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Clean Energy is Ready to Work for Virginia  



By Leslie Elder, Mid-Atlantic Director for the Coalition for Community Solar Access; and Thad Culley, Regional Director of Vote Solar

Virginia has an exciting opportunity to become a climate leader and transition to a more equitable energy economy.  This session, lawmakers can create thousands of jobs, save consumers money, and provide access to solar for all Virginians through the shared solar program in the Virginia Clean Economy Act (SB 851 and HB 1526).

Over the last decade, solar has become a massive economic engine, creating more than 242,000 jobs at more than 10,000 companies in every U.S. state.  In 2018, the solar industry generated a whopping $17 billion in investments for the American economy. These investments pay local property taxes, create economic opportunities in both rural and urban communities, establish a sophisticated, high-tech supply chain, provide engineering services, and create the market necessary to move towards a carbon-free energy sector.

But despite the over two million solar energy systems that have been installed in the U.S., physical and financial obstacles remain for over 75% of American households according to Vote Solar and the National Renewable Energy Laboratory. Shared solar programs can remove these barriers by providing access to solar for all Virginians through subscription programs.

The goal of shared solar is to provide equitable access to clean and affordable solar energy to anyone with an electric bill – not just those who have suitable roof space to host a solar array. Shared solar allows multiple individuals, groups, or businesses to own a portion or subscribe to the output of a single solar facility located offsite. Renters, schools, businesses, multi-family units, places of worship, non-profits, and many more would be able to take advantage of the economic and environmental benefits of solar through the shared solar model.  Oftentimes, subscribers see a total monthly savings of 10-15%.

So far, 19 states and Washington, D.C. have enacted policies that enable shared solar, enabling 150,000 homes to get solar energy.

Virginia can become the 20th state to enable shared solar by passing the Virginia Clean Economy Act. This exciting new legislation, unveiled last December by Senator Jennifer McClellan and Delegates Rip Sullivan, Jennifer Carroll-Foy, and Alfonso Lopez, proposes a new future for Virginia’s energy economy, including creating a shared solar program. If enacted, Virginia will see new clean energy jobs, more energy choices and a cleaner energy economy. Industry analysis suggests that just the first gigawatt of shared solar would create $1.3 billion in local economic benefits and generate $140 million in property taxes.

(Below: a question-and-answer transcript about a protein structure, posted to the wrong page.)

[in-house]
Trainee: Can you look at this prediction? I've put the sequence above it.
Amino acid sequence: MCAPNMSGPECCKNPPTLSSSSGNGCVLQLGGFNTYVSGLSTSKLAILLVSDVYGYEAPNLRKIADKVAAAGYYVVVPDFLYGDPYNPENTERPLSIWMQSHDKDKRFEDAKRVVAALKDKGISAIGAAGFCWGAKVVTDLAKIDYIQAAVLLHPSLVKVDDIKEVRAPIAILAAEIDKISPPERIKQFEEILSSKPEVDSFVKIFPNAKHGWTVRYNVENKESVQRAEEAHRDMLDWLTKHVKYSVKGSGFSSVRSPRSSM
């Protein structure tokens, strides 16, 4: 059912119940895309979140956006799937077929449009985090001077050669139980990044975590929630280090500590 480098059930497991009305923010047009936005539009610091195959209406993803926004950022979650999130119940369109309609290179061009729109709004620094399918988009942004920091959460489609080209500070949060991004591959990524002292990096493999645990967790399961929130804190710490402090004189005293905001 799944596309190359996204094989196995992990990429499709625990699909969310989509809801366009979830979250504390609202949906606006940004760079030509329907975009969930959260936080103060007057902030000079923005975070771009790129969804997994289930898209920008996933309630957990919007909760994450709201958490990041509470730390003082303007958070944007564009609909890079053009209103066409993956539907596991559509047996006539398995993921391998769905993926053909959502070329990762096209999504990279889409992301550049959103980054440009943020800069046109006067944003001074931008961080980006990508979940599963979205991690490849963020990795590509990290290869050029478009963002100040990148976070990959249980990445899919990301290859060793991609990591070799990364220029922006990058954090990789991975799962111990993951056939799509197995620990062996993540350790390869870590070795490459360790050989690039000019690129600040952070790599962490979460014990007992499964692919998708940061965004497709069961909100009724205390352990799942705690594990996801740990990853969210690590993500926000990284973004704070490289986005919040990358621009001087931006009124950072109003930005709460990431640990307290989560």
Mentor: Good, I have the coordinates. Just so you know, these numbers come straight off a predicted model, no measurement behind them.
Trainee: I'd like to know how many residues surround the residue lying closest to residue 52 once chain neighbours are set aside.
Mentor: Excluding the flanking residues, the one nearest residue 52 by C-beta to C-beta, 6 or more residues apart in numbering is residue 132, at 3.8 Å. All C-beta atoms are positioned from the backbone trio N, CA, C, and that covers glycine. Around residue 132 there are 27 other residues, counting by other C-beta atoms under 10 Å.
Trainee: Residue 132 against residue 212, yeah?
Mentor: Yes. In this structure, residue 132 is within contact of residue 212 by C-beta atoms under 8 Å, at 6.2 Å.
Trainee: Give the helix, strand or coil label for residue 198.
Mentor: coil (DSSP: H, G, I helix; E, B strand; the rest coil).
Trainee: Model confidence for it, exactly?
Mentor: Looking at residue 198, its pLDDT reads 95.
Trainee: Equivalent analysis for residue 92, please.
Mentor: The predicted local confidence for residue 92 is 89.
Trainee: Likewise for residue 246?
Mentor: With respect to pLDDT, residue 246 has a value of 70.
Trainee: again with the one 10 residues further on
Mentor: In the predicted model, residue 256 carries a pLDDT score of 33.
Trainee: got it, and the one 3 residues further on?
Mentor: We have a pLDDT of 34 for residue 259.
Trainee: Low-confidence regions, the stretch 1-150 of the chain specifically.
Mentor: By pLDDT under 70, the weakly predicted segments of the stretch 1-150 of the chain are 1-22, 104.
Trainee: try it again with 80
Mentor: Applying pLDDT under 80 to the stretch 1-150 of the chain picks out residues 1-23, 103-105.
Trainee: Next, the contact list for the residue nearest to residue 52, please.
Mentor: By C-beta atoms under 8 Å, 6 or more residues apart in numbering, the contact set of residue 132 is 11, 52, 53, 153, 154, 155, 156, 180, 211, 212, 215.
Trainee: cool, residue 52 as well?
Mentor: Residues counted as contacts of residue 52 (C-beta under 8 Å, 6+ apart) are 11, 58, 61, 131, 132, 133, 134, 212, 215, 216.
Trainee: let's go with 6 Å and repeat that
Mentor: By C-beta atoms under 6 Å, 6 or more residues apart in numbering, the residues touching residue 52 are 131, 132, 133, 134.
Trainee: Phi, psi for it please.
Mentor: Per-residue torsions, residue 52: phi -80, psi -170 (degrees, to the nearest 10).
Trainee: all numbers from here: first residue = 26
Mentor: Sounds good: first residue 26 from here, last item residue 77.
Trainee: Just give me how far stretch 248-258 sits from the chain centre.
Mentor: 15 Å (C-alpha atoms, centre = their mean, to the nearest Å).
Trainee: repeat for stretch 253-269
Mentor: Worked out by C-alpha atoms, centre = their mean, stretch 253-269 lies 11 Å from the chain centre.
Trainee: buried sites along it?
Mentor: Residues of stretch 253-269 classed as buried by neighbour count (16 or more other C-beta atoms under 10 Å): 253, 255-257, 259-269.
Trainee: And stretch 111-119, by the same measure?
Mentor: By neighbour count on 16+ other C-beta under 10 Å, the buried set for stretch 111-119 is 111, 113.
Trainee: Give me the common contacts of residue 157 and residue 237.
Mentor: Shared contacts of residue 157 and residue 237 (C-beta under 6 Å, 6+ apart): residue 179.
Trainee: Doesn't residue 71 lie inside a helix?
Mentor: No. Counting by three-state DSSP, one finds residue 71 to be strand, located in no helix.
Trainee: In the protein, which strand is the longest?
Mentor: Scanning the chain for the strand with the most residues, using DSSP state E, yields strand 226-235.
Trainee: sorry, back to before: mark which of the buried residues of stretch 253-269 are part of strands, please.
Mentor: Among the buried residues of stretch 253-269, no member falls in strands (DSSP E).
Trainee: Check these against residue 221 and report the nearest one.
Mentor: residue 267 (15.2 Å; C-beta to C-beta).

Shared solar also offers significant benefits to low-and-moderate income customers, including bill savings and energy burden reduction and access to local, clean energy – often for the first time.  Fossil fuel power has disproportionately impacted the health and well-being of low-income communities, particularly communities of color and indigenous communities. Pollution from power plants sited in these communities contributes to high rates of asthma and cancer, and the presence of heavy industry contributes to a cycle of poverty and public disinvestment in neighborhoods that can least afford it.  Shared solar can benefit communities who have historically been on the front lines of environmental injustice and negative impacts from traditional energy generation, while creating local jobs, spurring local community investments, and decreasing demand for polluting fossil fuels.

The Virginia Clean Energy Act is a commonsense measure that will create a win-win-win for public health, local jobs and all energy consumers in the Commonwealth.  By passing this legislation in the current session, the General Assembly can add Virginia to the growing list of states that offer energy choice and economic opportunity through shared solar programs.


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